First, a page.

Family living in the moment

By Julia Proverbs


On September 2, 2010, two healthy baby girls were delivered by Caesarean section - first Indee and then Sativa. But their parents' joy turned to sadness when Sativa was diagnosed with cancer. The couple set up a Facebook page to share her journey. The family is now preparing to say goodbye to a girl who captured the hearts of thousands.

Sativa Eagle doesn't know she is dying.<inline type="photogallery" id="13187" align="outside" embed="no" />

She doesn't know there are nearly 5000 people around the world following her story on Facebook.

And she doesn't know her mum and dad's hearts are breaking.

What she does know is that sometimes her legs hurt.

And she knows to hold out her arm so pain relief can be administered through the little tube dangling at her wrist.

Right now she knows that she wants the can of energy drink her mother, Sheree Roose, is sipping on.

The 2-year-old scoots across the polished wooden floorboards of their Tauranga home on her knees, grizzling.

She is not in pain - for now the morphine has that under control.

She is having a tantrum.

"You want this, don't you?" Sheree says, tenderly.

Then quickly finishes the drink and hands the empty can to her little girl.

"I was enjoying that," she says.

"But it's hard to say no to her."

Sativa clasps the silver bounty with both hands and starts licking the top.

She has been fed through a Nasal gastric tube since she was diagnosed with cancer at 4 months old.

And, while repeat episodes of painful chemotherapy-induced ulcers have left her with no desire to eat, she likes to taste.

Her curiosity and her tastebuds satiated, she starts rolling the can around on the floor.

Then turns her back on it and moves on to the next thing.

She posts playdough cutters into a plastic container, scribbles on her Magna Doodle and tries to prize her mum's sandals off her feet.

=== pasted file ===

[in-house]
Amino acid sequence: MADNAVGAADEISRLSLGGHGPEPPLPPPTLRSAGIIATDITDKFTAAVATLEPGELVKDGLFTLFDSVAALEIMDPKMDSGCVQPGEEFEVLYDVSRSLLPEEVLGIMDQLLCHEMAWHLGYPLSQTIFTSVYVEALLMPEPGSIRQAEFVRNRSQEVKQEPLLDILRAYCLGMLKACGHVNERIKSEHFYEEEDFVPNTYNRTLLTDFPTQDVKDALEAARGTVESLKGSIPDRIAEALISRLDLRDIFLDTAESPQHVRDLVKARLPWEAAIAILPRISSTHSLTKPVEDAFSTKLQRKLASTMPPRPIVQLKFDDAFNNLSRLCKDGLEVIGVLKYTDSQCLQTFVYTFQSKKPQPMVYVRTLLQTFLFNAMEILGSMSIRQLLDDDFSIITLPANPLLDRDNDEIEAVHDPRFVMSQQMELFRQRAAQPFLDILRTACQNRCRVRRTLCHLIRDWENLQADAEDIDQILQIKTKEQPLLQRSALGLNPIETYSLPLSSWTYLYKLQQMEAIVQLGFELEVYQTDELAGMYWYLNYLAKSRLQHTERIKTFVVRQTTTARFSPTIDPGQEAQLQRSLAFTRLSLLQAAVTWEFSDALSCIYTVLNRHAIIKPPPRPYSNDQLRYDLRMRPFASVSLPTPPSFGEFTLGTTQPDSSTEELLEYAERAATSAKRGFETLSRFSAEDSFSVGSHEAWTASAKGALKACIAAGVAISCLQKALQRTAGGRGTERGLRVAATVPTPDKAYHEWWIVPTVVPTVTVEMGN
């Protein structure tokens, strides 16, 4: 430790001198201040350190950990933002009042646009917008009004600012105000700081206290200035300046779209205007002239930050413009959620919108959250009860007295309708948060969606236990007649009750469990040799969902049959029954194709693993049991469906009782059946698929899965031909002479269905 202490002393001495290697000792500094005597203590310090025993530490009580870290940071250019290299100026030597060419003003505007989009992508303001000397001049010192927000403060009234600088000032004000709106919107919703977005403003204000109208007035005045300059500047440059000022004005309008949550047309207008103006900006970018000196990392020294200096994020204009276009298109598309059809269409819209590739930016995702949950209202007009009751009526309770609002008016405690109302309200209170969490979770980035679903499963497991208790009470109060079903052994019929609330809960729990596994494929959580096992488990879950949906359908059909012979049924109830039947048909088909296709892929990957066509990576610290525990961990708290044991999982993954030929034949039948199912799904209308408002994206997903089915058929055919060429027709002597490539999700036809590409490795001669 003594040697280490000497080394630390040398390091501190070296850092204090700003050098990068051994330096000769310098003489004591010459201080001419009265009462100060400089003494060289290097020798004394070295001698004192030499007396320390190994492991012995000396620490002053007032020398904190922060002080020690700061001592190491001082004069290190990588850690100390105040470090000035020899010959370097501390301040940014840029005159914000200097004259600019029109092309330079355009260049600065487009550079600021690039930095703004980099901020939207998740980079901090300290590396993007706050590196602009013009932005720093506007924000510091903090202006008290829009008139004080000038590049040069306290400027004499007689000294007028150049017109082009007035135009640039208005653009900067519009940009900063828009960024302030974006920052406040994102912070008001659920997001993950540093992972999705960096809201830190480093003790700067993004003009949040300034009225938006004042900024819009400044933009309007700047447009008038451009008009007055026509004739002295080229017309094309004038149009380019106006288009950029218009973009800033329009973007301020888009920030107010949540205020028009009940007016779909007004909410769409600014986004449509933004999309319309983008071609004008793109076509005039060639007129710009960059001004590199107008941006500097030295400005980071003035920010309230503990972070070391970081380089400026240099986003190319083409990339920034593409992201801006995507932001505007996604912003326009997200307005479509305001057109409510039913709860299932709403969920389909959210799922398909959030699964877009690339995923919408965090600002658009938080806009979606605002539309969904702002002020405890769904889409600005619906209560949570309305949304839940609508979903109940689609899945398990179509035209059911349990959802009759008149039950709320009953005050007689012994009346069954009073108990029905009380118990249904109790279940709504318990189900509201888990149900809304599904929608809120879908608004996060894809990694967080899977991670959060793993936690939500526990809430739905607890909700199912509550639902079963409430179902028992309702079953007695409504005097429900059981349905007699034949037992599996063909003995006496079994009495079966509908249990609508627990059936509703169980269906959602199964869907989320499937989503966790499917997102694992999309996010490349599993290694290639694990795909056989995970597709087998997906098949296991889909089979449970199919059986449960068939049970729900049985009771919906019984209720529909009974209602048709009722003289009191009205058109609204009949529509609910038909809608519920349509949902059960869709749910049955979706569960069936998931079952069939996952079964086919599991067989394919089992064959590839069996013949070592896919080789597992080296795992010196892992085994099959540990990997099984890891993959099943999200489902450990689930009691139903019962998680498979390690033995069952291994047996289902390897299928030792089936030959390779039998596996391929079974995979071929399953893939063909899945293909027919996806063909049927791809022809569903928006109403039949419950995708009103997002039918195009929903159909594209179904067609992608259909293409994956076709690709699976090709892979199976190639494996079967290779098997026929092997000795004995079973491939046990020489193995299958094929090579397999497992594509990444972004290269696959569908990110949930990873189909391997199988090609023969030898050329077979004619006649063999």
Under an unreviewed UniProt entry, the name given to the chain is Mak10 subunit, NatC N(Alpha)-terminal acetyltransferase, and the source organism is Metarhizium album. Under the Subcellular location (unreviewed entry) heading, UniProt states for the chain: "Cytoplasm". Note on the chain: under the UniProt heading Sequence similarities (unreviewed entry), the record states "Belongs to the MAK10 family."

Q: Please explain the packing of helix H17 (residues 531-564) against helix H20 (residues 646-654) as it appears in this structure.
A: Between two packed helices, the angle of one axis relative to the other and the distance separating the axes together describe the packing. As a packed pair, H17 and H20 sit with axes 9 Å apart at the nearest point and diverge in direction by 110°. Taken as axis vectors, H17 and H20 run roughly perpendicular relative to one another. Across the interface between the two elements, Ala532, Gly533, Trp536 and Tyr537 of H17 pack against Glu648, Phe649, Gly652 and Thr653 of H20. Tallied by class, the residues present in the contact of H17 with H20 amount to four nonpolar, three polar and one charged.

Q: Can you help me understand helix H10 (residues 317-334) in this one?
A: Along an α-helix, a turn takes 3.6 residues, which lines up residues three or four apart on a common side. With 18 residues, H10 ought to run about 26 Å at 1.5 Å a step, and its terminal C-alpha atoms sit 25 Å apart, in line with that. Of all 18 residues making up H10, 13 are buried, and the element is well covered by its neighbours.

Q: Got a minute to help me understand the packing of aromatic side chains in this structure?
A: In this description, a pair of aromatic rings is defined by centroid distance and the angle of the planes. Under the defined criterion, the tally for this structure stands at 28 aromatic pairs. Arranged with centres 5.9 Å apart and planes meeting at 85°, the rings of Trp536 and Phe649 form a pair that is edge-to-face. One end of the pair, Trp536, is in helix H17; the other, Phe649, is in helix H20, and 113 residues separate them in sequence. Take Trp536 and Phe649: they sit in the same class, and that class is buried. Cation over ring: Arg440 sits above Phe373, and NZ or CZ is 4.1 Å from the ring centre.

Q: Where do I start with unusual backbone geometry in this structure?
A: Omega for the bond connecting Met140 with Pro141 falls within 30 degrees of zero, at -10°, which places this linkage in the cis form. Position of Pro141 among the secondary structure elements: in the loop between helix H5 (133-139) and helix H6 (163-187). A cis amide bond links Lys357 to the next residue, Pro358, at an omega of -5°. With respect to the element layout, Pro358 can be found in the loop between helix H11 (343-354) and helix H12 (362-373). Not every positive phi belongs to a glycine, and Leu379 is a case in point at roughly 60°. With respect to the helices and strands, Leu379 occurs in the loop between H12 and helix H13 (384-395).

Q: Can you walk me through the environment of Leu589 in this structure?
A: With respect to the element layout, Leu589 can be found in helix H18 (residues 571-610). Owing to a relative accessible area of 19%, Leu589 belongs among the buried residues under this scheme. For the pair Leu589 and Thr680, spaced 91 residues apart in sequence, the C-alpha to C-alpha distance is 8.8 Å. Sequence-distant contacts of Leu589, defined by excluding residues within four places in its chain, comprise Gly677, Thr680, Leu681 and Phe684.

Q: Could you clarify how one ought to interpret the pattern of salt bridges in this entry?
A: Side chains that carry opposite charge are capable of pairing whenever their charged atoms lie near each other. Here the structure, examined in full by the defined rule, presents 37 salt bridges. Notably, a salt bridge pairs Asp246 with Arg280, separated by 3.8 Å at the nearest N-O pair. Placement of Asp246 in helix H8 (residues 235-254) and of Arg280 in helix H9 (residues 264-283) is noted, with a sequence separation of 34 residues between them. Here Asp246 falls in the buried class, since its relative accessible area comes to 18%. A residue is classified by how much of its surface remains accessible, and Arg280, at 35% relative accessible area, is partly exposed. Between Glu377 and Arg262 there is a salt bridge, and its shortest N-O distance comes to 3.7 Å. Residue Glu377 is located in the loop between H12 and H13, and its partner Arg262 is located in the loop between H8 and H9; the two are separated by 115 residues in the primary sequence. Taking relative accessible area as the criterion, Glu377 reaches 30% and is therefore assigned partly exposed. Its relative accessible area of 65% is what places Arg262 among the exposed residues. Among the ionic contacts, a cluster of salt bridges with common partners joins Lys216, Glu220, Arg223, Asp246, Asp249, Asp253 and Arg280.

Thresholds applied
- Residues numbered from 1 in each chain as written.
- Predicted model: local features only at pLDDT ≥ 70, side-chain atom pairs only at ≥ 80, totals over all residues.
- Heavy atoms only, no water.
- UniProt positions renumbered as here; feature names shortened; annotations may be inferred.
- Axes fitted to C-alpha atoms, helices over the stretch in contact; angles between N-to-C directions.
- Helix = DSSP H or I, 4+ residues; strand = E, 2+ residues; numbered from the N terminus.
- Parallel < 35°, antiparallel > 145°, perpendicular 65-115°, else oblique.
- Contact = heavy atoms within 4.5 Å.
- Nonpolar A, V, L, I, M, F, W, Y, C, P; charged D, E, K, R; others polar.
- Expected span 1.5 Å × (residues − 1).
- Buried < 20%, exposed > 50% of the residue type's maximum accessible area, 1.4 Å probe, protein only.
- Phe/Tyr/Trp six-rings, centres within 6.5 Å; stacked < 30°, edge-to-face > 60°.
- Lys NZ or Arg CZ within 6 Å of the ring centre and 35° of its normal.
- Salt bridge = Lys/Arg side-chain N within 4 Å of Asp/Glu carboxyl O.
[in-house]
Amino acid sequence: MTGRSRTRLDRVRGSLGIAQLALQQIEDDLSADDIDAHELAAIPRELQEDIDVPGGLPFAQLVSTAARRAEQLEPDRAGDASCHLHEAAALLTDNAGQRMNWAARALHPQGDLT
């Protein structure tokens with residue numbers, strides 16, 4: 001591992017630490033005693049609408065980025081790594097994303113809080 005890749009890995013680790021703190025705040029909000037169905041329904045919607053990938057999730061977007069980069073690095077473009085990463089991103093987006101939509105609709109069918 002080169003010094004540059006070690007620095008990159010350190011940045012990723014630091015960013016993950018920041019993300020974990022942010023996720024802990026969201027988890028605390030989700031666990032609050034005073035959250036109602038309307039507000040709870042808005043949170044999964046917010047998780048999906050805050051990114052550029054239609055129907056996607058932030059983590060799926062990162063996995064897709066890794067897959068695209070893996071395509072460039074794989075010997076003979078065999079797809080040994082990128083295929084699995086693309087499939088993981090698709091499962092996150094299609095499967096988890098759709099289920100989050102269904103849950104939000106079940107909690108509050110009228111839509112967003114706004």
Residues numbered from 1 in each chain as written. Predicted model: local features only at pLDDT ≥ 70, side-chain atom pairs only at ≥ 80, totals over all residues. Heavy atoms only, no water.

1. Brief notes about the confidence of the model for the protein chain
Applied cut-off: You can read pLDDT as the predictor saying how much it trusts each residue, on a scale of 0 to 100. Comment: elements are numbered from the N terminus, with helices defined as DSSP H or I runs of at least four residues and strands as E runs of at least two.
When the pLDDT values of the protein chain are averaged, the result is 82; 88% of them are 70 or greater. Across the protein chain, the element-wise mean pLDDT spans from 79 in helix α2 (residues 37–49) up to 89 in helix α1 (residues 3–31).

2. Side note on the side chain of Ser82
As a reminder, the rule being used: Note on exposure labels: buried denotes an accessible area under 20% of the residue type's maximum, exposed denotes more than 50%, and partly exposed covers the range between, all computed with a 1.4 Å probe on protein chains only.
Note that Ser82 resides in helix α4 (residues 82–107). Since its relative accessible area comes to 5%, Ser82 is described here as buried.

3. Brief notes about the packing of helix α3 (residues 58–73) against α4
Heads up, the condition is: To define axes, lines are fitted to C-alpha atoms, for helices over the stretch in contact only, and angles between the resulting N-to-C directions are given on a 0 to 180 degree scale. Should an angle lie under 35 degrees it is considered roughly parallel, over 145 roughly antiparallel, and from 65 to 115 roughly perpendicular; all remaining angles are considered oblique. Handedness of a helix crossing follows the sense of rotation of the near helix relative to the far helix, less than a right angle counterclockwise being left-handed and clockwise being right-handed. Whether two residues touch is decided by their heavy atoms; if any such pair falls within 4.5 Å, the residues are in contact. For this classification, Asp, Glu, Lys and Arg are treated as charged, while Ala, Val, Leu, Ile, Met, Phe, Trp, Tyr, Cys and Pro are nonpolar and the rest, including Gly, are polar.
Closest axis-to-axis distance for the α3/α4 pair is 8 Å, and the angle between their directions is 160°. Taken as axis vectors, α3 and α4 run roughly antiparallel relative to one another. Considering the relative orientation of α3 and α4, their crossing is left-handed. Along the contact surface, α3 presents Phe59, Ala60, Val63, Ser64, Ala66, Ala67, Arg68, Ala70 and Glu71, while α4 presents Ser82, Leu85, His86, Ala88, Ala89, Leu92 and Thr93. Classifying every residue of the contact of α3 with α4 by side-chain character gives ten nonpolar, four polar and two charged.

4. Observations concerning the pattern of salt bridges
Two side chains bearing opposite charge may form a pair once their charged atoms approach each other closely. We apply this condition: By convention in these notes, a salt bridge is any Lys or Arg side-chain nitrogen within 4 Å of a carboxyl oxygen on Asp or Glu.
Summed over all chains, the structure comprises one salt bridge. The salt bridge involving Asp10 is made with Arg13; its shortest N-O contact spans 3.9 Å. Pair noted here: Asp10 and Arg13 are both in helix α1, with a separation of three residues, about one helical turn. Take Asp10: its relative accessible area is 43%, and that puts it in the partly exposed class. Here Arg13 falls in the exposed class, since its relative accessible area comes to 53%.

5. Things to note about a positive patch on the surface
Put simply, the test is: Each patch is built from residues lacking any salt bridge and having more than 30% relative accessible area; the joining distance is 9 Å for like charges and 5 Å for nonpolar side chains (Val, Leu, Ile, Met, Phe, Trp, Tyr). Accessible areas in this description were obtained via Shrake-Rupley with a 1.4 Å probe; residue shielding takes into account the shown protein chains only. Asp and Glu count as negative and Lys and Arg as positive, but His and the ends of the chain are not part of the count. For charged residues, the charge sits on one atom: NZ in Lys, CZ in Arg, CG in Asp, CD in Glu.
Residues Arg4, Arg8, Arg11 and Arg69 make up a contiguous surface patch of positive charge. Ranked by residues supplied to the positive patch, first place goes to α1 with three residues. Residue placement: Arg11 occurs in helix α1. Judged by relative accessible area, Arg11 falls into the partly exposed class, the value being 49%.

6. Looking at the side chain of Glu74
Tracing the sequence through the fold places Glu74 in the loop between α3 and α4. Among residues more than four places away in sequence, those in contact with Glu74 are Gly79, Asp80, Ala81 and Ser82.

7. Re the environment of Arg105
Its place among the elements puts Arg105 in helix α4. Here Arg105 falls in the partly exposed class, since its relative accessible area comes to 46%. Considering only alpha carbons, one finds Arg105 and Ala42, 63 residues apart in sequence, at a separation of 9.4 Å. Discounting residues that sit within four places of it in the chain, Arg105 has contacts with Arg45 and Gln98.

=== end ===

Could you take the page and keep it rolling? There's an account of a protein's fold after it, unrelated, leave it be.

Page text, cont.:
"She's really into shoes at the moment," says Sheree, unbuckling the straps.

It's all typical behaviour for a 2-year-old.

But, as she scrambles around happily on the floor, talk of things she thankfully cannot comprehend float over her head.

Hope. Despair. Death.

These are the concerns of adults, not little girls.

It has not always been like this.

This journey began - and will end - with love.

Sheree, 25, and Tim Eagle, 28, had been friends for eight years when they started dating.

"I always had a little bit of a crush on him but he was married so I never pursued it," says Sheree.

But four years ago, after Tim's marriage ended, she received a text from Tim asking her out.

They had an "off-and-on" relationship for a year and then, during one of their "breaks", Sheree found out she was pregnant.

Tim, who already had a son, Bailey, who is now 4 and living with them, was "ecstatic" but Sheree was "shocked".

"We had a talk about our long-term relationship and decided to bring up the child together and try our best."

The first scan revealed they were not having one baby, but two.

"Tim is an identical twin so he was so happy. He was stoked. I said I wasn't ready to have one, let alone two. I was scared of how it was going to be, how good a mother I was going to be."